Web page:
Interview between Molly Willats, Head of Program Development for Financial Health at Fintech Cadence and Myles, Founder and CEO at Chroma, a current fintech in our IFH Lab 2022 Cohort.
Co-founders Myles Shedden, Riley Pickerl, and Yacine Bara launched Chroma to address what they saw as a glaring inequity in our financial system. The credit system favours home owners and leaves renters out in the cold. Renters receive no benefit for a demonstrated ability to pay a sum equivalent to most mortgages every month – even when they may in fact be paying their landlord’s mortgage. Given the importance of strong credit in accessing any number of financial products critical to upward financial mobility, including a mortgage, this seemed like a significant gap.
Chroma hoped to solve this problem, and looked to build a suite of products geared towards helping renters achieve financial security and growth. We sat down with Myles to talk about Chroma’s vision, why they made the difficult decision to shut down operations, and how he stays motivated as an entrepreneur.
Hey Myles, tell us about Chroma.
Chroma was a consumer lender that made renting more affordable, convenient and rewarding by allowing renters to pay their rent on their paydays instead of on the 1st of the month. In doing this, we were also able to report their rental payments as loan repayments, helping them build credit at the same time. Chroma focused on building simple financial products to help accelerate social mobility for renters.
You recently announced that Chroma would be winding down operations, can you talk about why you reached that decision?
Chroma made the difficult decision to wind down operations in September of 2022 and return capital to shareholders due to increasing loan losses and a worrying economic outlook for short term lenders.
You went through something that every startup founder fears, and knowing when to call it is just as important as knowing when to keep pushing. Knowing this, how do you interpret your success and your failures?
I interpret success as getting the right outcomes by doing the right things. I interpret failure as getting the wrong outcomes or doing the wrong things.
And what helps keep you motivated through the major ups and downs?
When something is important enough you do it even though the odds aren’t in your favor. Building a startup is really hard, but there’s no better feeling than when you get to work with incredible people that push you to be better and challenge your thinking in a respectful manner, all with the intention of building a better experience for customers.
Really hard is right! Speaking of working with incredible people (), what is one thing you’ve learned so far or taken away since joining IFH Lab?
The most memorable thing I’ve learned since joining IFH was how to craft a pitch/story with narrative arcs that build on each other. I really enjoyed that in-person session. Secondly, I really enjoyed the session on how to differentiate your company relative to incumbents (we used the example of Cirque to Soleil vs. traditional circuses). And I think as a startup it’s critical to know exactly how you differentiate and for what type of customer.
Knowing that being an entrepreneur can be really hard, what drew you to it and what advice would you give to someone who is thinking about starting their own startup?
I like building things that solve big problems for people. The world needs more entrepreneurs, do it. A startup founder only needs two things to be successful: the ability to get unilaterally obsessed with a single problem, and the ability to get repeatedly kicked in the teeth and keep moving forward (said best by Antonio Garcia Martinez in Chaos Monkeys).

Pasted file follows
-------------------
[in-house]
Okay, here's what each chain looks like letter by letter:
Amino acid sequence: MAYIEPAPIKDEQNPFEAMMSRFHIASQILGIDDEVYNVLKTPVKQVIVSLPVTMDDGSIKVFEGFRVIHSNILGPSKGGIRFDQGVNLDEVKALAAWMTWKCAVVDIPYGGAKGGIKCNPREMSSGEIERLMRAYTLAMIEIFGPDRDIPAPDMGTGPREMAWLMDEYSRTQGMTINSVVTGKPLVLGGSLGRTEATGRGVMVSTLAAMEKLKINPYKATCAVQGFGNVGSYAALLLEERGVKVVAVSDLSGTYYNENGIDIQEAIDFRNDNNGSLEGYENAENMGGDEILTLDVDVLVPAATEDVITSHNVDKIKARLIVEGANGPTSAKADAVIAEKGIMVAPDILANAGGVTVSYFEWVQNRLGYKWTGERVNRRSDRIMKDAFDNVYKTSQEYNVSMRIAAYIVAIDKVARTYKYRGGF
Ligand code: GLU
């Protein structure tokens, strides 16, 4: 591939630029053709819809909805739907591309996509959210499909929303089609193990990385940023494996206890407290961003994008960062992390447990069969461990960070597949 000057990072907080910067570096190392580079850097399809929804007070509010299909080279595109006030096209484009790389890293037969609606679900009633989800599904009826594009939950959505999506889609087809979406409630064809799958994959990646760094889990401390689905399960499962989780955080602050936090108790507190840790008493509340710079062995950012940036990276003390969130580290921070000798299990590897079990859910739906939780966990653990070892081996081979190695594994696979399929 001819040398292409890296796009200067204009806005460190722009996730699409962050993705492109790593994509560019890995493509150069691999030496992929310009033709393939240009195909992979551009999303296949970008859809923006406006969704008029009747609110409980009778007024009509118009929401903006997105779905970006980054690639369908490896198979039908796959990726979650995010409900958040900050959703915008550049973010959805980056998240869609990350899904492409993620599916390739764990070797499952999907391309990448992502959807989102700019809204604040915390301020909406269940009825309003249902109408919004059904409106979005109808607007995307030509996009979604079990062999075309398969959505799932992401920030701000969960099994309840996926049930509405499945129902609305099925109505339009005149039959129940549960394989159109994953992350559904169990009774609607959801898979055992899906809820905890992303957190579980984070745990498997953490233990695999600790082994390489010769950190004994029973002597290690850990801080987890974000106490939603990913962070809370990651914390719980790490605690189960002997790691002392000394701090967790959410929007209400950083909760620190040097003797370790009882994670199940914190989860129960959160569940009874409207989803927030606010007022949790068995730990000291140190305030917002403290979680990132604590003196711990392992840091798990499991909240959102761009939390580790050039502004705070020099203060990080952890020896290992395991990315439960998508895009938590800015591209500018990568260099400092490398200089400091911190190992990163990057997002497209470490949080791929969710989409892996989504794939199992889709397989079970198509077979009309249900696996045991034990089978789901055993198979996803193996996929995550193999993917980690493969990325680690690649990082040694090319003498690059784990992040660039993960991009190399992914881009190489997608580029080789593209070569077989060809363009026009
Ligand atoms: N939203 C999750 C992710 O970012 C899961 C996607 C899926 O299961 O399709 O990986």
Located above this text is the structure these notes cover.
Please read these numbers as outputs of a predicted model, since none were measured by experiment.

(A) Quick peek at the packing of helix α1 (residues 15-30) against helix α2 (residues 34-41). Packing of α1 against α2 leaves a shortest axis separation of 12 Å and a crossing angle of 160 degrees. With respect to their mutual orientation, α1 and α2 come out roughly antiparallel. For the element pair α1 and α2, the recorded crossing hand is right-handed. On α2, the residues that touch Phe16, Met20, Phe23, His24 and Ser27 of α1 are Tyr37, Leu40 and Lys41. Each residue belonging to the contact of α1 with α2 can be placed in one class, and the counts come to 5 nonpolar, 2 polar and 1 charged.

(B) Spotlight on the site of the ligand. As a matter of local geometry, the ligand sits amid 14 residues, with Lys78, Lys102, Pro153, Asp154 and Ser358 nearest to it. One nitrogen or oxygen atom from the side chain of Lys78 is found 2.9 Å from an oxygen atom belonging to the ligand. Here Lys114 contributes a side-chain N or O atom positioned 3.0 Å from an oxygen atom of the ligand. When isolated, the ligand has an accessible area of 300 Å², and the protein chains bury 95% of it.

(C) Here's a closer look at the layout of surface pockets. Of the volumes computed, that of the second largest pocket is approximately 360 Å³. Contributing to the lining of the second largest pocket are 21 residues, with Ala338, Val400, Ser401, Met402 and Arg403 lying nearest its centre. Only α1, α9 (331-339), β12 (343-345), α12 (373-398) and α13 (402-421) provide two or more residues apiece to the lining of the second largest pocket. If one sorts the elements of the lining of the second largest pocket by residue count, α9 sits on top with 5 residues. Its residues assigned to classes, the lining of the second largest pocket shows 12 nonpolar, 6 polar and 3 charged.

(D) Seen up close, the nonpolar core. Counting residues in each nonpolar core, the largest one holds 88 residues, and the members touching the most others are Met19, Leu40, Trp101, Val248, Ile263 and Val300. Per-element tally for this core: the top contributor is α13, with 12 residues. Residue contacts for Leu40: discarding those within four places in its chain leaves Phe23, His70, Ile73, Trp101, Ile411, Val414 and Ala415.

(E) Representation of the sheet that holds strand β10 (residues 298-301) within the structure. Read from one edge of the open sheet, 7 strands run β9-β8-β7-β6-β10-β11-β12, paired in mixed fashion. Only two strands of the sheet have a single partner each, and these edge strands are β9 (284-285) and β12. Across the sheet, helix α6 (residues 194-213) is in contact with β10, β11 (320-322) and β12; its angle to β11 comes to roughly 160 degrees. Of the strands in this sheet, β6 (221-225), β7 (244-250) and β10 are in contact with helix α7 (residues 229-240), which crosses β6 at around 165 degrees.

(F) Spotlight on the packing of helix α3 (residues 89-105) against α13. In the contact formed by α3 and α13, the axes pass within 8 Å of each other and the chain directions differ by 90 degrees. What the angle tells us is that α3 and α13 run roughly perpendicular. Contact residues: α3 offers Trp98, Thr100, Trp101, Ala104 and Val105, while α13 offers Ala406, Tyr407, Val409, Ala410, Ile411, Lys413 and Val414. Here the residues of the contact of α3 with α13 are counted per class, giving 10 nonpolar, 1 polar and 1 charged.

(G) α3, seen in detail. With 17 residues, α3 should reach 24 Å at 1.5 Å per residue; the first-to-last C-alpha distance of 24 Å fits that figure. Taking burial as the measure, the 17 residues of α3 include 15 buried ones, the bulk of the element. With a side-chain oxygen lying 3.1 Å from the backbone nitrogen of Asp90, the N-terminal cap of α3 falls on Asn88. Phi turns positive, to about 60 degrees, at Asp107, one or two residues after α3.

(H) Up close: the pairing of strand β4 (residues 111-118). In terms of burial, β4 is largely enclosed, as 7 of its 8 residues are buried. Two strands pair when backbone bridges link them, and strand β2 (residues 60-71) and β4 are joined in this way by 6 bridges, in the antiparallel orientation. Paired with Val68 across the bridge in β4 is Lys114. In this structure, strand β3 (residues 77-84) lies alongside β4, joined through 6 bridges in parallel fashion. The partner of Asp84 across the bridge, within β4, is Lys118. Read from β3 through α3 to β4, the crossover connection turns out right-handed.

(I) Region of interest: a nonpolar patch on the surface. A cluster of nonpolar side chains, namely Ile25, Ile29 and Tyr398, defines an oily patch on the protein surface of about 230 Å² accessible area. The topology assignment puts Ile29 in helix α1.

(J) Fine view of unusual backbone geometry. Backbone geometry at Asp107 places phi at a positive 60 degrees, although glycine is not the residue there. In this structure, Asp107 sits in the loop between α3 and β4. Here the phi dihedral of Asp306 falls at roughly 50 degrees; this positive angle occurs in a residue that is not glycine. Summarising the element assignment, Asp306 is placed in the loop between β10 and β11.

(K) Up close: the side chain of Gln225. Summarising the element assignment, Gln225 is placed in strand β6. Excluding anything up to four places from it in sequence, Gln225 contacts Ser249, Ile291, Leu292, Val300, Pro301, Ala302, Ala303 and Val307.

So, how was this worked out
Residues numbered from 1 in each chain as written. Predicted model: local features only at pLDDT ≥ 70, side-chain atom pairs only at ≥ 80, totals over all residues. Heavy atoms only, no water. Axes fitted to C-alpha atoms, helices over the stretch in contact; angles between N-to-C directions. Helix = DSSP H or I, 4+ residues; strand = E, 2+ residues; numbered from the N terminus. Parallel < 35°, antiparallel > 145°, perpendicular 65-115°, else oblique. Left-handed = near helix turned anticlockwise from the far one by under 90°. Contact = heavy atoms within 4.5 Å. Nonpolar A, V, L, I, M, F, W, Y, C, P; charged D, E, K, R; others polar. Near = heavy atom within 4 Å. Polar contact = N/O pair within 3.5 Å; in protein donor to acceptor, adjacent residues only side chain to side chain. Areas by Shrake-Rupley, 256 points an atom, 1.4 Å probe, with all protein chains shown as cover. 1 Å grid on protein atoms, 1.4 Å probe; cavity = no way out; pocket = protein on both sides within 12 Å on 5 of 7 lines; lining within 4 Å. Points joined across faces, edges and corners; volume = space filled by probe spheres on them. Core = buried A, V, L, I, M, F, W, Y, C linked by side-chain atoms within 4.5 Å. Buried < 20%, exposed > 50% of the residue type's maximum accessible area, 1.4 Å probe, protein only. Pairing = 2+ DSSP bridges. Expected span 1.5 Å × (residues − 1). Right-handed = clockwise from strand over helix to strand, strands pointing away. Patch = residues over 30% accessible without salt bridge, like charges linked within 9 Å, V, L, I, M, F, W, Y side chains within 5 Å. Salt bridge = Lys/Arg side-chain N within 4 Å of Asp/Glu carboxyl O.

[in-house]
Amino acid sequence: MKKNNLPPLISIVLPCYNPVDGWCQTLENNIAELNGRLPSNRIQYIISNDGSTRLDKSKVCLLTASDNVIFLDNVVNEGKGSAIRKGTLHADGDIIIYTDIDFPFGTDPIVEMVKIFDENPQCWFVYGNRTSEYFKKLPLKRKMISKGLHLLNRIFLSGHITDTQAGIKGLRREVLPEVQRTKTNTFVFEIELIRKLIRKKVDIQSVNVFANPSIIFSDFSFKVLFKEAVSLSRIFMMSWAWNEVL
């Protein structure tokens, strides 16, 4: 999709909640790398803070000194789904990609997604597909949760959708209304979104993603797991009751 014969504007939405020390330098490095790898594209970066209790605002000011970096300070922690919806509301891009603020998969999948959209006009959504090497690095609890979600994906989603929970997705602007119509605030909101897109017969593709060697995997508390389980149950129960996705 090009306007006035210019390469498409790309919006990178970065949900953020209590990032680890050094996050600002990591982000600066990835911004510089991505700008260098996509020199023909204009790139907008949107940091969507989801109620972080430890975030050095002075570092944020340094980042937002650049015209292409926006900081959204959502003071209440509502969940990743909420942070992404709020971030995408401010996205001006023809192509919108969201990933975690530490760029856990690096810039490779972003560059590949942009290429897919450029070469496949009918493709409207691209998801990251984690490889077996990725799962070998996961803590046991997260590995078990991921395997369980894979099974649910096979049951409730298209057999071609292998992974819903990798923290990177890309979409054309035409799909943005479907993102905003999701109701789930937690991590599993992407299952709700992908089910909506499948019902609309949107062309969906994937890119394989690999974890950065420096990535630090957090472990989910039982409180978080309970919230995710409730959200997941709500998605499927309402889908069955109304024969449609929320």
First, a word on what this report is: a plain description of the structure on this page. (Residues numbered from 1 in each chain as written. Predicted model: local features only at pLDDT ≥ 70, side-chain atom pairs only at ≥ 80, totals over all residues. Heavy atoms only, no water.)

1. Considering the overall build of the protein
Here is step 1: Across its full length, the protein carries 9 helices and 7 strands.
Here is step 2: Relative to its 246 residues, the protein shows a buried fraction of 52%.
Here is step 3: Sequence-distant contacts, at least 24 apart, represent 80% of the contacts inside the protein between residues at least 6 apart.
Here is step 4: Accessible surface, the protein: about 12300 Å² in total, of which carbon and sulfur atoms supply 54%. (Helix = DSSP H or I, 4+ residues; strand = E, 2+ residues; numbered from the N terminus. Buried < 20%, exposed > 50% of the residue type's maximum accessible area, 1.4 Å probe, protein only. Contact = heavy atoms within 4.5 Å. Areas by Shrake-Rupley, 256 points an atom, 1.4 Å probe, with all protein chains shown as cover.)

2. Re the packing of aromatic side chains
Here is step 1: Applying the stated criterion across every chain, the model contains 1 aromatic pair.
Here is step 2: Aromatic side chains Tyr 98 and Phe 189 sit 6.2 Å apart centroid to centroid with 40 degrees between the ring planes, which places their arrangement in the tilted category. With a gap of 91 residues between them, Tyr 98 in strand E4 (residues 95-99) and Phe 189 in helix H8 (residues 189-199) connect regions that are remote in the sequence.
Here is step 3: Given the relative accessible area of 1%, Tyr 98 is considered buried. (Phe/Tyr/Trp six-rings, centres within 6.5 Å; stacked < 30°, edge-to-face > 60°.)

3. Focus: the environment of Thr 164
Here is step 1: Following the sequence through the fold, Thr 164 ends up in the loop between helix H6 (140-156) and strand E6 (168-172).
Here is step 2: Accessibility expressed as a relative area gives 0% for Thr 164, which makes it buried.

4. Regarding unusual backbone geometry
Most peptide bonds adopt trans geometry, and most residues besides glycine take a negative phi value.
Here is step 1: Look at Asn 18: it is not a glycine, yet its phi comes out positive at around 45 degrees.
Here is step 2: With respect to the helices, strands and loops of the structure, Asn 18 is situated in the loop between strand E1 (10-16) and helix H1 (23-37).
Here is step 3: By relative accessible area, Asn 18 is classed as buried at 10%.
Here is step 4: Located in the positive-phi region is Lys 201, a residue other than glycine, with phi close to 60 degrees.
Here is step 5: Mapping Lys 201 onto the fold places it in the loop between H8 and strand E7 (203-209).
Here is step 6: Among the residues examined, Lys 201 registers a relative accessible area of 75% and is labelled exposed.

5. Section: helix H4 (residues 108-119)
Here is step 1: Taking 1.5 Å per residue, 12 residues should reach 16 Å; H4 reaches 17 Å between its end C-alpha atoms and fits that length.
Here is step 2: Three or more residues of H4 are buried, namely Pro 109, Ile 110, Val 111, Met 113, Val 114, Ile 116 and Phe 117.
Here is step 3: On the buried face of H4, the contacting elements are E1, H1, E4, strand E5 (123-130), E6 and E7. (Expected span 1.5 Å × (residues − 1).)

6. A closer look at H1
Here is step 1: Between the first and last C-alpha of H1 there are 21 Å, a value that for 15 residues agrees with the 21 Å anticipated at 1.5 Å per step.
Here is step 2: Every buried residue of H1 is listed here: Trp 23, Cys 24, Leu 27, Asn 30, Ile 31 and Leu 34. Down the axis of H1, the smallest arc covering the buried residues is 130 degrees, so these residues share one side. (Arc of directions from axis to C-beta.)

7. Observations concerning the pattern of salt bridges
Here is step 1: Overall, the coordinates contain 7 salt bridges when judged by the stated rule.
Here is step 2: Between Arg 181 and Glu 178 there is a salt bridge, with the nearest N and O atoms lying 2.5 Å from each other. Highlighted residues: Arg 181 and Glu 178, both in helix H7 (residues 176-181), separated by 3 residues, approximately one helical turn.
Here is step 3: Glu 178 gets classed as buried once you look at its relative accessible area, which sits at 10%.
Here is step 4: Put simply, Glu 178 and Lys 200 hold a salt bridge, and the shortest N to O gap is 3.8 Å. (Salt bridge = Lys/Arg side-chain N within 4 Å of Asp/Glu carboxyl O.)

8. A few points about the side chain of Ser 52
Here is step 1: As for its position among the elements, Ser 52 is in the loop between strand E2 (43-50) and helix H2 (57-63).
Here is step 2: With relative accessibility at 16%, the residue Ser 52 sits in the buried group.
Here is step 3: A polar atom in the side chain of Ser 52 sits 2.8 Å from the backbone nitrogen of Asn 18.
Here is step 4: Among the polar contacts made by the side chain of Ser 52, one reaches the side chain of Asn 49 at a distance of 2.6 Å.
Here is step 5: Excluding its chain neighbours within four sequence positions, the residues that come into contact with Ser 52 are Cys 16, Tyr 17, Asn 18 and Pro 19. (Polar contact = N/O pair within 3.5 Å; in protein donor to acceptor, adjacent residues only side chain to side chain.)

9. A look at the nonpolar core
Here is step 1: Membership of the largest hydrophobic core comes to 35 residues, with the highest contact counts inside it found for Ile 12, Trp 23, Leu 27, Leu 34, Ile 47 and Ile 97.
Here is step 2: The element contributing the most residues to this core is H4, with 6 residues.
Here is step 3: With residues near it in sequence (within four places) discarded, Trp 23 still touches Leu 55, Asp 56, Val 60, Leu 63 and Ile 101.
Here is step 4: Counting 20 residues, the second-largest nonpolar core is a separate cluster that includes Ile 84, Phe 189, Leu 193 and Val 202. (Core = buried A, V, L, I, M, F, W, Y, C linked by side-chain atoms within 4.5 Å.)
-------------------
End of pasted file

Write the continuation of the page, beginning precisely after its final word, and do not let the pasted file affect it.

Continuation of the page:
Surround yourself with people who are smarter than you and aren’t afraid to tell you your ideas are bad. Have short & cheap validation cycles. Try to validate as much as possible before you write a single line of code. To emphasize this last point, the work you do before ever writing a line of code is some of the most important.
Just because Chroma ultimately wasn’t able to find product-market fit, the problem you identified, and the inequity faced by renters in our financial system is still pressing. What change would you like to see in your industry?
- It’d like to see more competition in the Canadian banking space.
- I’d like to see better and more innovative credit products for people with no-credit files or thin-credit files.
- I’d like to see better accountability between landlords and renters.
- I’d like to see credit where credit is due (consistent rent payments that amount to $70b a year in Canada alone).
What is the best career advice you’ve received?
- Never underestimate the value and importance of being at the head office.
- People are loyal to other people, not companies.
- It’s extremely rare for a company to become successful after they finally launch that one last feature. If your first feature (your wedge) doesn’t capture customers, you probably need to start again.
- If your rate of learning in your job slows, leave as soon as you can and go somewhere where you’ll learn faster.
- Very much like a pile of snow, a company’s culture melts around the edges first.
- A players hire A players, B players hire C players.
Well, that’s a lot of great advice - you could write a book! Speaking of, can you leave us with some book recommendations?
Startup-wise: Crossing the Chasm by Geoffrey Moore, The Prosperity Paradox by Clayton Christensen, Think Again by Adam Grant, The Secrets of Sand Hill Road by Scott Kupor, Working Backwards by Colin Bryar & Bill Carr.
Personal-wise: The Rise of Theodore Roosevelt by Edmund Morris, Zen and the Art of Motorcycle Maintenance by Robert Pirsig, The Undoing Project by Michael Lewis, The Lives of Artists by Vasari.